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The Ellen Payne Odom Genealogy Library Family Tree
The Family Tree - August/September 2004
The Other 70%

In the southwestern area of Scotland is the Galloway District, a land of tall hills, lochs, and moors. In its fields graze the Galloway cow, one of the oldest breeds of cattle, and descendants of two distinct breeds of Scottish cattle.   They have thick, wooly hides and are hornless.  Galloways were the beef choice in the 15th and 16th centuries and are still raised for their beef.  Bred to live off the poorest of lands they can be black, red, dun, or the famous belted Galloway which is black except for a wide band of white that encircles their  torso.

Though Galloway was not in the middle of many battles, it did have its moments in history.  I would imagine its shores were the last glimpse of many Scots as they fled their country for safer havens. 

The name Galloway comes form the old Scot word, Gallovid, meaning a Gaul. It was the here that the first Christian Church in Scotland was founded by St. Ninian in the 5th century at Whithorn.  Many Scots including  Robert the Bruce, Mary, Queen of Scots, and James IV made pilgrimages to this church. 

It was here in Galloway that Robert the Bruce fought his first "battle" against the British in Glentrool near Loch Trool.  Though there is debate on whether this was a battle or an ambush, since Robert and his men rolled boulders down the steep hills and routed the English.  Robert had spent the winter of 1506 and 1507 on Rathein Island just off the coast of Ulster - which is quite close to Galloway across the Irish Sea.  Edward I was dying when he returned to the mainland to Glentrool to accost the English army.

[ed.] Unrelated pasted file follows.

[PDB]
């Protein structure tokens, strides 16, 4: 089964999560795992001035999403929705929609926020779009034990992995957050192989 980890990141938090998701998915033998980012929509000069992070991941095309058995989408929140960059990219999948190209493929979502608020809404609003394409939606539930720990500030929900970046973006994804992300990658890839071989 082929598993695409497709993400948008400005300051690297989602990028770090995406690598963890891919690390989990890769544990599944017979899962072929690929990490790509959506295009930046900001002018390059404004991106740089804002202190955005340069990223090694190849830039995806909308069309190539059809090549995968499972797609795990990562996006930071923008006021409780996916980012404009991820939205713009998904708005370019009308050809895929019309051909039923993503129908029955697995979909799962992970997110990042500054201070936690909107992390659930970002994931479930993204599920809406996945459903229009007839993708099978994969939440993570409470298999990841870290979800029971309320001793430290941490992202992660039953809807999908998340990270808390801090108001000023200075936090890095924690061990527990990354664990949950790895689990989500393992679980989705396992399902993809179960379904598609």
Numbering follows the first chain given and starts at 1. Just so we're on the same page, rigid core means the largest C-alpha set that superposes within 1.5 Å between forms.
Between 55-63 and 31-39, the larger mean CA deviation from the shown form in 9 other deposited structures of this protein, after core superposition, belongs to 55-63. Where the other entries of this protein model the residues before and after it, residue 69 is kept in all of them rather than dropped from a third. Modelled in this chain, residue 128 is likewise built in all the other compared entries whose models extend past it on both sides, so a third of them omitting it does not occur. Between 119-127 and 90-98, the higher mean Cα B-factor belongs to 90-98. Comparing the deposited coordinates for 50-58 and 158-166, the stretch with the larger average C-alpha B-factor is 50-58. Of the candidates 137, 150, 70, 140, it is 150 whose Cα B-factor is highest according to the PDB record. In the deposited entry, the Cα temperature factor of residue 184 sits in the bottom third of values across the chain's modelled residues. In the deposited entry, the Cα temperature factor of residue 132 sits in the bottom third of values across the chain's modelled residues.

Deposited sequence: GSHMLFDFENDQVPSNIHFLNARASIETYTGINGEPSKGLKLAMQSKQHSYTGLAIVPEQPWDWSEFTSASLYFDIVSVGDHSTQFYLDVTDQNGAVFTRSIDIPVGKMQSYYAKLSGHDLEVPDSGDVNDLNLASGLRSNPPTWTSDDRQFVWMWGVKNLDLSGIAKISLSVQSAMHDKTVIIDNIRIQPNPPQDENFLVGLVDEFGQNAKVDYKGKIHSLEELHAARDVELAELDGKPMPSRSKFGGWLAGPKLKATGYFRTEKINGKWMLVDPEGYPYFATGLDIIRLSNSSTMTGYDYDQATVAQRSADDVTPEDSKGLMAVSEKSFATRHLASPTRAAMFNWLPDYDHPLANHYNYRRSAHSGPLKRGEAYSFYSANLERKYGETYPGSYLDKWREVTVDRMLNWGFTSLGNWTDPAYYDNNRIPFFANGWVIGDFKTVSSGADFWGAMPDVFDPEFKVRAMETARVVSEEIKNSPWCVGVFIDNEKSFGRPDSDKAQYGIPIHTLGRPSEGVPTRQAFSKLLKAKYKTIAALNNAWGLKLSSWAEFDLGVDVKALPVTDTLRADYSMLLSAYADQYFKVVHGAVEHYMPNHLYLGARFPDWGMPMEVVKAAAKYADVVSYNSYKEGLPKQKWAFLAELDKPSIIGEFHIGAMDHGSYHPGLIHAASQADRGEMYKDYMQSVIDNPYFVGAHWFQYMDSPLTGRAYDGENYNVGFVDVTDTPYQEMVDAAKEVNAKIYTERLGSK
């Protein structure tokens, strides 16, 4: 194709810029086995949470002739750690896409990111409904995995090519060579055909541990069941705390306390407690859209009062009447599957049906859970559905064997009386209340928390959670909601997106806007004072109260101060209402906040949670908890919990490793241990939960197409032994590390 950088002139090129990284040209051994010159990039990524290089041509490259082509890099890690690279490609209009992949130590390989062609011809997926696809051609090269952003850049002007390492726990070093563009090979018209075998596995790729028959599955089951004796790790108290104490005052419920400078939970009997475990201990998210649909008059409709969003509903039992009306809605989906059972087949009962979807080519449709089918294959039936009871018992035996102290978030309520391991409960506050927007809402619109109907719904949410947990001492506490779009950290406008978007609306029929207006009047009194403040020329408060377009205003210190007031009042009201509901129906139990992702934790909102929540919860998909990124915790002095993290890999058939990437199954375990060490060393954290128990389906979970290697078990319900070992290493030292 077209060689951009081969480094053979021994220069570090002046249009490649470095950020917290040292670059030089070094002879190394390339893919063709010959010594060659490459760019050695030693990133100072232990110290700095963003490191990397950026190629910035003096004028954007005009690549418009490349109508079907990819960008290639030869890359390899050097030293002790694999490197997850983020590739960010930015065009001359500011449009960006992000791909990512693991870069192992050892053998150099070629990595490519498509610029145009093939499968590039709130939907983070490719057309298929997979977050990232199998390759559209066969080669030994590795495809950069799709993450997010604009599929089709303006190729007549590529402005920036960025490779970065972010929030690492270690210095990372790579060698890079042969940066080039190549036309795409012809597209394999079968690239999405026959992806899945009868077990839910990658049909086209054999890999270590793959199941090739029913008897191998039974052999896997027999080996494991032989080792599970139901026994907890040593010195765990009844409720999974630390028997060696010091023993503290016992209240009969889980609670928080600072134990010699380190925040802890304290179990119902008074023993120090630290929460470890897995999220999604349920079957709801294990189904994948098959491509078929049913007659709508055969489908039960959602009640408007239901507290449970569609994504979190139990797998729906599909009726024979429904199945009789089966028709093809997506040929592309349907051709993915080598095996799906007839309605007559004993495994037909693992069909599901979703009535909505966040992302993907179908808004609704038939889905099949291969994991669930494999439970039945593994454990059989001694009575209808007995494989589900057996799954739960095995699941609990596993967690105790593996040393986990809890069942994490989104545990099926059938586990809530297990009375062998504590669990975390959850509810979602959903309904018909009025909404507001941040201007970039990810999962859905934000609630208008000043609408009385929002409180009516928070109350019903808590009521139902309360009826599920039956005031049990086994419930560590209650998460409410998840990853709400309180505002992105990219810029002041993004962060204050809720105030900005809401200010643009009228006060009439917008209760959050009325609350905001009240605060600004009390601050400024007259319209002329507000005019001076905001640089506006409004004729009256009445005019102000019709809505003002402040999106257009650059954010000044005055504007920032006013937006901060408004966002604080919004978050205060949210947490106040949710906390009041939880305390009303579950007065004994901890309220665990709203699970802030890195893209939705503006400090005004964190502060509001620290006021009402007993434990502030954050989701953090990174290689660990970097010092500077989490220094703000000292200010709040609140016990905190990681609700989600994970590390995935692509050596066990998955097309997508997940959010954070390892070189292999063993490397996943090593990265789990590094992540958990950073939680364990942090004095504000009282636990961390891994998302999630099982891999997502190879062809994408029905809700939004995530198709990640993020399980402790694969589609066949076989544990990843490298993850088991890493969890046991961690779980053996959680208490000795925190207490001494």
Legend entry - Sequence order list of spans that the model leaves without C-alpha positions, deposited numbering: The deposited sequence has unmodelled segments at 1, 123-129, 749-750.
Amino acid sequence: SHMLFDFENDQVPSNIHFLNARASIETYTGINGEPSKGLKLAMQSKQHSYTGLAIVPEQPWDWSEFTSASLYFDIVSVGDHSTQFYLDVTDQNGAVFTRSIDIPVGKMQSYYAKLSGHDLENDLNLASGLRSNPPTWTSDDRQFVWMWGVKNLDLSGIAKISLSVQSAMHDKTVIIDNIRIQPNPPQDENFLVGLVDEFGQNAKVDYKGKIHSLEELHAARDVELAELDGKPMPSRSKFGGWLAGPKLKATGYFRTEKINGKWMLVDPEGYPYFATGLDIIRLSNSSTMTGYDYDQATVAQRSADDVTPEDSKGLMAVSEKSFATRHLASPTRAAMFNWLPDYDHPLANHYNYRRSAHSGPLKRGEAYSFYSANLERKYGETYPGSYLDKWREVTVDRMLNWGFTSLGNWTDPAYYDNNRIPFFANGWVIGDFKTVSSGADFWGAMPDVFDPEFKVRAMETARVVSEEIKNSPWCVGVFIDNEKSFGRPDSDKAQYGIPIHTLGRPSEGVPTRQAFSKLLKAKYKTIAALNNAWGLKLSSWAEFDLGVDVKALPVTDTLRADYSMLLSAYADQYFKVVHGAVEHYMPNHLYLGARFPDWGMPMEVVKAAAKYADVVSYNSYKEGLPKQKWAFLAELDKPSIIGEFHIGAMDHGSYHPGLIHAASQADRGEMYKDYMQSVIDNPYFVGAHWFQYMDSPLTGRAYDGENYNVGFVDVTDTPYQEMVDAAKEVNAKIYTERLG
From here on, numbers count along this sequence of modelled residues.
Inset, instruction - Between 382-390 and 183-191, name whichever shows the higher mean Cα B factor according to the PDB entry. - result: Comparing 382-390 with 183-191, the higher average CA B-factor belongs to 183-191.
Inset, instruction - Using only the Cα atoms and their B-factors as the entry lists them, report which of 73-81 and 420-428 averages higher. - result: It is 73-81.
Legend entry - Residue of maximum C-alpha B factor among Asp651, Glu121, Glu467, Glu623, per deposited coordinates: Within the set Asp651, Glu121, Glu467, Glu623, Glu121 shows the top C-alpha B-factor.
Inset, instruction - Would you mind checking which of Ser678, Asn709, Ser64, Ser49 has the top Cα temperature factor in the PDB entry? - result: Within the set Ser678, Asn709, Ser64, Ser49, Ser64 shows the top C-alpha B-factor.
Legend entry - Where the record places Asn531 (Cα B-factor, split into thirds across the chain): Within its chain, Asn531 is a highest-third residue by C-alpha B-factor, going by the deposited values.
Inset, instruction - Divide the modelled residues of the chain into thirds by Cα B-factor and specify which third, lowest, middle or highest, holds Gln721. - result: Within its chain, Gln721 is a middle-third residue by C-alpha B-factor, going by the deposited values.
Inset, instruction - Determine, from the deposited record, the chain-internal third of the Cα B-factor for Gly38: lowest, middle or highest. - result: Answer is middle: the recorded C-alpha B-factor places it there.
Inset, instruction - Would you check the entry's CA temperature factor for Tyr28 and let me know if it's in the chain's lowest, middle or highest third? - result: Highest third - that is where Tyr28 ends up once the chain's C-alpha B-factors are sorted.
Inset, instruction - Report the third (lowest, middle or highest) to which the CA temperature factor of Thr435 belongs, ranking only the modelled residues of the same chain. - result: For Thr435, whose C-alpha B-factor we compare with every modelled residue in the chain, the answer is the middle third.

Galloway also was the retreat for the Covenanters when they  were being hunted by the English after John Knox determined to change the manner of worship for Scotland.  The Covenanters fought and many died in defense of the old ways of practicing their religion. Two women were actually tied to stakes on the shore of Galloway at low tide to make them reform.  They were drowned when the tide rose.

Though the land is generally low, rolling hills, from the Mull of Galloway, the southernmost tip of Scotland, Ireland and England can be seen on a clear day from the 210 foot high cliffs.  The coast of Galloway is also dotted with smugglers caves and other hideaways and on the Peninsula of the Rhins the Gulf Stream causes the climate to be so mild it is almost totally frost free and tropical plants can flourish there.

In Torhouse there is a Bronze Age Stone Circle with 19 stones and 3 boulders set in a line.  Three miles away is Baldoon Castle which is believed to be the setting for Sir Walter Scotts The Bride of Lammermoor.

Irish elopers at one time sailed across the Irish Sea to be wed in the town of Portpatrick to escape the rigid laws or Ireland and perhaps the negative wishes of their families.  A similar area frequented more by English elopers and better known than Portpatrick was Graetna Green.

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